The concert musical Six recasts the women who married Henry VIII as pop divas, each queen getting at least one number telling her side of the story. It deliberately aims to decenter Henry, asserting that each of these women meant more than her marital status to a king. Reformulating the story matters because it pushes against dominant narratives about what matters and whose story gets told. On the other hand, decentering the king proves challenging when the world is largely run by, and history is largely written in service to, powerful men.
Hilary Mantel’s “Wolf Hall” trilogy likewise attempts to decenter Henry, focusing instead on the life of Thomas Cromwell. Cromwell rose from humble beginnings as a blacksmith’s son to being Henry VIII’s most trusted counselor. Henry even made him a Duke, shortly before succumbing to the whispers of Cromwell’s rivals and executing him for treason. Cromwell’s alleged crimes included heresy, sorcery, and trying to unseat the king. His real crimes were being competent and ambitious above his “station,” and a forward-thinker ahead of his time in terms of class and religion (Cromwell not-so-secretly favored Lutheranism over Catholicism). Cromwell failed to anticipate perfectly the whims and moods of an imperfect king, and thus followed in the footsteps of similarly-fallen counselors, including Cardinal Thomas Wolsey (Cromwell’s patron) and Sir Thomas More, as well as Henry’s first two queens. In a nasty cherry on the end of Cromwell’s life, his execution, famously, may have been botched by a drunken executioner who took at least a couple of whacks to finish the task.
These facts loom over the entire of Mantel’s trilogy but most notably in the final volume, The Mirror and the Light (2020). As a reader, I found it impossible to not feel an anticipatory dread as Cromwell rises and rises and rises, knowing of course of his impending fall. Historical fiction, particularly if about very famous people and events, has no “spoilers.” The details of plot, such as we have structured it, are already known. Instead, it contains the pleasure, responsibility, and creativity to play with people’s personalities, the unfolding of events, and how we understand these people and happenings—in context of their own time and in ours.
Mantel morphs Thomas Cromwell, a man never accused of being warm, into a sympathetic, complex human character. But as the series concludes, Cromwell also appears as an ambiguous character, his motivations open to interpretation. Cromwell himself, at the end, cannot be certain how he came to this point:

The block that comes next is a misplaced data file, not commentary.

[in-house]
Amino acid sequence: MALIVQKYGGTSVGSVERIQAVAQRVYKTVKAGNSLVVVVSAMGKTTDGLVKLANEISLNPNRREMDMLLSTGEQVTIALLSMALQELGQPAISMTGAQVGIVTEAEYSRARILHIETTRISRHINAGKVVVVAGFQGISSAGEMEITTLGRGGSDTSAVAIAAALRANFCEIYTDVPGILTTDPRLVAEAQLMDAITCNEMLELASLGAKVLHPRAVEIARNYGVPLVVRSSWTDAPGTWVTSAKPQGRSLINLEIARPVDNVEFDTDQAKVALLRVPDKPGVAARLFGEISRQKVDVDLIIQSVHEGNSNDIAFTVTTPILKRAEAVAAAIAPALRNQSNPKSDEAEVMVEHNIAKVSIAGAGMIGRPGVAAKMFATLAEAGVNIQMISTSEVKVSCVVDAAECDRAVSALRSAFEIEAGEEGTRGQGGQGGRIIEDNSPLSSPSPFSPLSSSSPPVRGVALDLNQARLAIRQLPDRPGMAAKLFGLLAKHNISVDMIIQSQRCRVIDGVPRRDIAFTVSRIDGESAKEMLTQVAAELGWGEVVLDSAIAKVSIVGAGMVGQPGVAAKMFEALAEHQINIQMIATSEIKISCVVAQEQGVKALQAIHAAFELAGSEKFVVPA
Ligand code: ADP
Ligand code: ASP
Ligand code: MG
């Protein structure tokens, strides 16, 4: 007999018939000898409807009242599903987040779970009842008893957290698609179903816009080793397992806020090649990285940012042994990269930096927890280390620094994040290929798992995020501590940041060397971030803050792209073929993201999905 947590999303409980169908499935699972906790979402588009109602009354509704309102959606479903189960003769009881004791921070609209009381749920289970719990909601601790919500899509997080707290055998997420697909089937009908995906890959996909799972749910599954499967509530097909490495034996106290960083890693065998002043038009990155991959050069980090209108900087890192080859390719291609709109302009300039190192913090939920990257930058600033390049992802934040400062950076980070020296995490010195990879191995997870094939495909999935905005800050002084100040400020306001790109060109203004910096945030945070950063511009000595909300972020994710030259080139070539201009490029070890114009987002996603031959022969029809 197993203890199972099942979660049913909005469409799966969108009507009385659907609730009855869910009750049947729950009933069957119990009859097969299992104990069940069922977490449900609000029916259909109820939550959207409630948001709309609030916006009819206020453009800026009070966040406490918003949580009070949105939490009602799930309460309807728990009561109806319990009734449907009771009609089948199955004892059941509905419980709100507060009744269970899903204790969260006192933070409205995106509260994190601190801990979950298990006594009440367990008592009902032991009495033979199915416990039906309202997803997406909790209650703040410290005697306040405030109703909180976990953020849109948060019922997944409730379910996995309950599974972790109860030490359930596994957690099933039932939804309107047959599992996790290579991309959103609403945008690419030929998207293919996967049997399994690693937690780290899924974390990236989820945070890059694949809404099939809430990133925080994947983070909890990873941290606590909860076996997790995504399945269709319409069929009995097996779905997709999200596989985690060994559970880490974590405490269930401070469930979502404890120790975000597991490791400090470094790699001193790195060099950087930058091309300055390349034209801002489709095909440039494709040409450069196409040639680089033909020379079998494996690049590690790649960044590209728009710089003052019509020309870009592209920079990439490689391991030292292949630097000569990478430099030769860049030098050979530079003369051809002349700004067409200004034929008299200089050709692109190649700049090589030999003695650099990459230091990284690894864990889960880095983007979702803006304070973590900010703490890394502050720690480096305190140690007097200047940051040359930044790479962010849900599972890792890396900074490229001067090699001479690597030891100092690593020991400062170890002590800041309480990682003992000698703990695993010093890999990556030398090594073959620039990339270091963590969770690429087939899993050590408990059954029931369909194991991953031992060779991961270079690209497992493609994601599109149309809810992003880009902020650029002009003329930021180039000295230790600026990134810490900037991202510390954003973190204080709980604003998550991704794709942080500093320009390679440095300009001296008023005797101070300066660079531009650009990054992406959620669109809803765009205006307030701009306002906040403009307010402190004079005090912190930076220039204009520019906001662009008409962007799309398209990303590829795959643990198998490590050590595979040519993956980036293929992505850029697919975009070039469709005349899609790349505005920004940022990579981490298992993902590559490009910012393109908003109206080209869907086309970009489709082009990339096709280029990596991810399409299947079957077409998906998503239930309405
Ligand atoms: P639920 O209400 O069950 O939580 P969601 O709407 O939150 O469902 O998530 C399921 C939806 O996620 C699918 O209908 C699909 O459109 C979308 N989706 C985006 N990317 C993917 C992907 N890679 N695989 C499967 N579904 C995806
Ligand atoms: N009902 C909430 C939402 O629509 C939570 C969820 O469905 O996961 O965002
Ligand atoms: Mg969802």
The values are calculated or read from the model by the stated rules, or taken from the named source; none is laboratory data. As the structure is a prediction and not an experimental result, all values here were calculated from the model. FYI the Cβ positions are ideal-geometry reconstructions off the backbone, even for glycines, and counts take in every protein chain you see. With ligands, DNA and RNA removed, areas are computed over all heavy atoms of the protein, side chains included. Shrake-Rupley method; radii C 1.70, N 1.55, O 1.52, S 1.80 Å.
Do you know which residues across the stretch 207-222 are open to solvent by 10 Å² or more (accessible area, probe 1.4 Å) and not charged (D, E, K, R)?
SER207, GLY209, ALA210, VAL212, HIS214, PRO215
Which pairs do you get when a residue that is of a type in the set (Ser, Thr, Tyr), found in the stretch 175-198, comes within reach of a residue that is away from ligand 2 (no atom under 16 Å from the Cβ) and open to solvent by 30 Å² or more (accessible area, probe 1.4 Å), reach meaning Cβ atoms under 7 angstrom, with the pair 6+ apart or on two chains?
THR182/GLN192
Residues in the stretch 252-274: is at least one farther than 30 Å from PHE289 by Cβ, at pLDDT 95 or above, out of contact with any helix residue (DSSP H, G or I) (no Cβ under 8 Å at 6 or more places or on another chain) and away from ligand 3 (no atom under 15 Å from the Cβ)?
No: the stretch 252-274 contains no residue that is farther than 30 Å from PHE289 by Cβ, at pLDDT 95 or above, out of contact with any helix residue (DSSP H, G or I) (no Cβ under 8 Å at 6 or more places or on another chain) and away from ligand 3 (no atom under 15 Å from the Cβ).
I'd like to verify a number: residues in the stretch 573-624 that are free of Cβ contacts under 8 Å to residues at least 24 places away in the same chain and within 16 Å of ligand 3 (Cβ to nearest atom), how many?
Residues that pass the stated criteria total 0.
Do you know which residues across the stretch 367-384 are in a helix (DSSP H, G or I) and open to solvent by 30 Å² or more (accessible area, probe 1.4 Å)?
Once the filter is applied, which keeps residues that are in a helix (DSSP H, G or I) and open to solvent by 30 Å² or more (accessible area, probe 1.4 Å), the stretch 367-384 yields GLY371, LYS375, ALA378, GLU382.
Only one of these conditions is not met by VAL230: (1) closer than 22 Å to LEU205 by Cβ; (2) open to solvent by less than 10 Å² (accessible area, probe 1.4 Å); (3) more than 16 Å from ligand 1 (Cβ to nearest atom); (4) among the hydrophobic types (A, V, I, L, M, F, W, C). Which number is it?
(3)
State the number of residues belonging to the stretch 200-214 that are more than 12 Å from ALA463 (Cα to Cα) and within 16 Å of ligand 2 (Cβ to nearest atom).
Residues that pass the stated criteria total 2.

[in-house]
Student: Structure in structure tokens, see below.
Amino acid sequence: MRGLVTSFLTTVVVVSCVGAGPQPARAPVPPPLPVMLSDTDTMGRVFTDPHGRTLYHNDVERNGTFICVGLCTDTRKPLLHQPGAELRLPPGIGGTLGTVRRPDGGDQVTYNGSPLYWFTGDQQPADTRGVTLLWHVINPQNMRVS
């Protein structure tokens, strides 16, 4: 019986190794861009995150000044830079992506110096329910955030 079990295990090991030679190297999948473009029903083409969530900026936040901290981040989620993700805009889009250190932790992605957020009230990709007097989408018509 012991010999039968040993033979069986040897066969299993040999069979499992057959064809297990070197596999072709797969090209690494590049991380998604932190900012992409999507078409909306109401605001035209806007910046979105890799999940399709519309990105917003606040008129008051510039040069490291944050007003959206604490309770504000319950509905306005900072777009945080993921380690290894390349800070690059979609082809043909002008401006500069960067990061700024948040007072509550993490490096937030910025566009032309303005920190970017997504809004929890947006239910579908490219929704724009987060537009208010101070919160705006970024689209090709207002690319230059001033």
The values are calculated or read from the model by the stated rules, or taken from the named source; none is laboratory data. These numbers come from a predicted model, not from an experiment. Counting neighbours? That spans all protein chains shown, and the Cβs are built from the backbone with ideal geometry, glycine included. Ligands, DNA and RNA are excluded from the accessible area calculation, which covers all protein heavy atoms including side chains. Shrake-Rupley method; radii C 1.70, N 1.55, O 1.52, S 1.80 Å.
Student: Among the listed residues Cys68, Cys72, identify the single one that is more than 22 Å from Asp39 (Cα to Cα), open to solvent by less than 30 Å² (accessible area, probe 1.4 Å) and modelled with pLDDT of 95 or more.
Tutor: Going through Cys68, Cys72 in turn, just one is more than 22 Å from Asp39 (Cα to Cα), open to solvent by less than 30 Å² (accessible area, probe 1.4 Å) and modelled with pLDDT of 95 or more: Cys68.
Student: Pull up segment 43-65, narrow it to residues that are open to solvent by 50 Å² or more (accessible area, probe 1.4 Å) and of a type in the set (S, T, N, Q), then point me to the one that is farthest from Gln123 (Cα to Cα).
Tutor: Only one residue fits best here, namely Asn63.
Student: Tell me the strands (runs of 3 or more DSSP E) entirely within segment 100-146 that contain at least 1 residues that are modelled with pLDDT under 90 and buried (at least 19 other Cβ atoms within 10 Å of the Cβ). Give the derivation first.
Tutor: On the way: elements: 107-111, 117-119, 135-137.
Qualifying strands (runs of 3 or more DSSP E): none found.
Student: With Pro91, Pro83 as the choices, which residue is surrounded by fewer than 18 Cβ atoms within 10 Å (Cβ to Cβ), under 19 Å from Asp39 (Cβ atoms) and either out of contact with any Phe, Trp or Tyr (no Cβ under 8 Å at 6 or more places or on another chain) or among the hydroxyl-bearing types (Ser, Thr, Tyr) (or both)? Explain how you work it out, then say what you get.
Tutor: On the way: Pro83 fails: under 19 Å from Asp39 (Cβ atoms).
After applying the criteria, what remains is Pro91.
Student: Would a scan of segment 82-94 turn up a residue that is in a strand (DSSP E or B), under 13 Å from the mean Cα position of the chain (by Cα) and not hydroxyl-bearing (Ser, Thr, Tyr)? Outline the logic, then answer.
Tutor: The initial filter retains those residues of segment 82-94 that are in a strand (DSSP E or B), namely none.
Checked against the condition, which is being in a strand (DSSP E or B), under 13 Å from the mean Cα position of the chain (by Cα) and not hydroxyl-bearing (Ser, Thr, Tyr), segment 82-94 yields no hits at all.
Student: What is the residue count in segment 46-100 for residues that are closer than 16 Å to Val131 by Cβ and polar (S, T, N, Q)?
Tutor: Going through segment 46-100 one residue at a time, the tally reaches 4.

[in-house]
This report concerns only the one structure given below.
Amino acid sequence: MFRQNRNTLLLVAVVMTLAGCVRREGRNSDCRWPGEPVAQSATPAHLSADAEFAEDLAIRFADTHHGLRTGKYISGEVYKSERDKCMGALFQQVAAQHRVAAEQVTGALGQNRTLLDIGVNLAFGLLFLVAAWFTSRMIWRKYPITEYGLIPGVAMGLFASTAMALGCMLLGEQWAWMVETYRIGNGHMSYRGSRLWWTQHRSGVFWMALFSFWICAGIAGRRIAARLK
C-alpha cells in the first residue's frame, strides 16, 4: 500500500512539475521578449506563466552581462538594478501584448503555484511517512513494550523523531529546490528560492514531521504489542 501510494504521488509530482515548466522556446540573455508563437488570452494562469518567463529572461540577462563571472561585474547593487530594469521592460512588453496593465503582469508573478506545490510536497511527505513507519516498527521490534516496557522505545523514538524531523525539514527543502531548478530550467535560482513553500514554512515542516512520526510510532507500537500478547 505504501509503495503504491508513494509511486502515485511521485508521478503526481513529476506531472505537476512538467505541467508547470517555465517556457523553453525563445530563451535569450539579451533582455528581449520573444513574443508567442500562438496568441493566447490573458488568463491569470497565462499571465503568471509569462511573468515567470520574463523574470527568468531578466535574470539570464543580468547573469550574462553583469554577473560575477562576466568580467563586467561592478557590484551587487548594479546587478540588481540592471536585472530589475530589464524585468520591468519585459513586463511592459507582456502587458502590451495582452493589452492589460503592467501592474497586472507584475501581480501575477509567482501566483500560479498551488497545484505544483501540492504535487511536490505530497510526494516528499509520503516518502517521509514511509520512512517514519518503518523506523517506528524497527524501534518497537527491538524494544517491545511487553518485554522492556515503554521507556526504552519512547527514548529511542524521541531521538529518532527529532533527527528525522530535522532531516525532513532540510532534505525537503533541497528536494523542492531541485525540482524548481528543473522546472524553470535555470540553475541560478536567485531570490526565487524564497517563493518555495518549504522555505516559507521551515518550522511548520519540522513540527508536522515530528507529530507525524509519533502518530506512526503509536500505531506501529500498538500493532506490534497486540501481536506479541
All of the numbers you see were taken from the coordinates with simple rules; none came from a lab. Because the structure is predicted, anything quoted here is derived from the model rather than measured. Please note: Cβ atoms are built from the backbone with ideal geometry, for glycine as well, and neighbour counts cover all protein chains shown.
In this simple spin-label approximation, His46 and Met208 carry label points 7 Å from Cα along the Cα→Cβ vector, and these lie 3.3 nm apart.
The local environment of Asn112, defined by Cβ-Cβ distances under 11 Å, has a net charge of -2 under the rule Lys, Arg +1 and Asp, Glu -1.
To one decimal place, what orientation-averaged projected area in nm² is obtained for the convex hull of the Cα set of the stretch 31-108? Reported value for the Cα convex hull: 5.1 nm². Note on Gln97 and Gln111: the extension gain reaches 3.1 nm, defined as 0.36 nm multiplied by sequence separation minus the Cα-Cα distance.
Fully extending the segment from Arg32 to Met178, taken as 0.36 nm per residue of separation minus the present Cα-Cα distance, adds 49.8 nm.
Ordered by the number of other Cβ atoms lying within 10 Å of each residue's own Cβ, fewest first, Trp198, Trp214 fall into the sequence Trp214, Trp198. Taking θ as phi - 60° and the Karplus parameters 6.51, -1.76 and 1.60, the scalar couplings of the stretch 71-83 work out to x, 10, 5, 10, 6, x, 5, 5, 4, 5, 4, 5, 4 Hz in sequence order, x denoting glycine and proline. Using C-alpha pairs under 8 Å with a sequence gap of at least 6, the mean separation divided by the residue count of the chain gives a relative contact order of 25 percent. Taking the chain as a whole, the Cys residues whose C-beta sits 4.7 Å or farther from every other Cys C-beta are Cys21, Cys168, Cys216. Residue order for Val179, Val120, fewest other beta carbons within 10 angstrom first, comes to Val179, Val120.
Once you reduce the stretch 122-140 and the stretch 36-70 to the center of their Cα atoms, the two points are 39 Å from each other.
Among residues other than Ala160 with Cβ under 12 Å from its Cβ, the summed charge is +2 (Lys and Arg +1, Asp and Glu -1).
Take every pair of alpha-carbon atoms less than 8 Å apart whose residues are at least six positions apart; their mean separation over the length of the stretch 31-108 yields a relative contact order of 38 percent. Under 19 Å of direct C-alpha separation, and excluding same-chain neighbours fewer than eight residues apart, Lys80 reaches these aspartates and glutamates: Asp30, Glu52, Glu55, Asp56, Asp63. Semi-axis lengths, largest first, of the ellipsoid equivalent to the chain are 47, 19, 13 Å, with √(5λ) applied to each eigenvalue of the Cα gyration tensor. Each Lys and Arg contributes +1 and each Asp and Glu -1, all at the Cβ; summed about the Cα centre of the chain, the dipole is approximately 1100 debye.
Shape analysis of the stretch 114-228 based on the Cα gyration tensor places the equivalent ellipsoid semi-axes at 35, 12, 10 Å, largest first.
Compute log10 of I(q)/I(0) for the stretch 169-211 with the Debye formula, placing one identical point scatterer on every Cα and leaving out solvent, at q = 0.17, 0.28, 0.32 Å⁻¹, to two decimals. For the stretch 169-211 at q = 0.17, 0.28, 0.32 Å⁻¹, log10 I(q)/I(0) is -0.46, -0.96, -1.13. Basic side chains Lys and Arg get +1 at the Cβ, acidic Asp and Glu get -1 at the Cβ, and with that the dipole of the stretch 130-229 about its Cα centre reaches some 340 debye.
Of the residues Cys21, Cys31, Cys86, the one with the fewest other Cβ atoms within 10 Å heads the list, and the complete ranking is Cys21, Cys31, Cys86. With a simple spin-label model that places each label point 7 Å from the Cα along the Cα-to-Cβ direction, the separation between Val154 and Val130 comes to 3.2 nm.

“Sometimes his mind drifts away, as it must: far from this room, beyond the city walls, across the fields and into the forest. The cover is dense, as in the years before trees were cut down for houses and ships, and all the creatures now extinct are alive again, for good or ill: the beaver in the stream, the wolf gaining on you with his long stride. When a man does not know which path to take he scatters crumbs from the loaf he carries in his hand, but the birds swoop behind him and eat them. He takes off his shirt and tears it into strips, and ties a strip to a brand at each fork in the road, but the ogres who live deep in the wood tread after him and steal the linen to bind their woulds: for ogres are always fighting. He labours on, and talking trees snigger about him, hiding their expressions of contempt behind their leaves” (728).
We are left to weigh what made Cromwell tick. Was it ambition? Religious belief? Loyalty to king and country? Proto-Humanist philosophy? Mantel folds in all the possibilities like laminated dough, all the layers appear but it’s impossible to parse one from the next.
Cromwell also appears as a man caught within currents of history, constrained by systems over which he has only limited control and agency. The mystery of Cromwell becomes our own. As the above passage indicates, we make choices that seem right and reasonable at the time but looking back for the path that led from there to here turns out to be trickier than it seems, both in terms of our motivations and the forces that pushed us in this direction or that.
The task of decentering the king also turns out to be challenging. I read these books knowing and anticipating Cromwell’s story in context, and that context looms large. Like Anne Boleyn or Anna of Cleves, we only know about Thomas Cromwell because of his relationship to Henry VIII. The story feels like Henry’s and while we enter that story in media res with Cromwell, the end of Cromwell does not feel like the end of the story as we already know the ghosts waiting in the queue—Katherine Howard and Katherine Parr, but also the reign’s of Edward, Mary, Elizabeth …
Which does not discredit the series. I thoroughly enjoyed my time with Thomas Cromwell. I enjoyed being with a unique mind, unlike anyone I’d seen in literature, and in a vibrant, alien-yet-familiar world. Cromwell merited this calling into being.
Last, if science fiction plays with possibilities of what we could do or be, historical fiction holds up a mirror, suggesting how we got to be where we are, sometimes also revealing who we are. Mantel published Wolf Hall in 2009, years before the Trump presidency even felt like a possibility. Yet like everything in the “Trump era” it’s hard not to read about the actions of a capricious, narcissistic, too powerful man-child and not map them onto the current moment. In that mindset, Cromwell feels like Renaissance England’s John Kelly, one of a rotating cast of advisors, orbiting the same orange sun. Lucky for the current power brokers, we’ve stopped executing those who get on the leader’s bad side.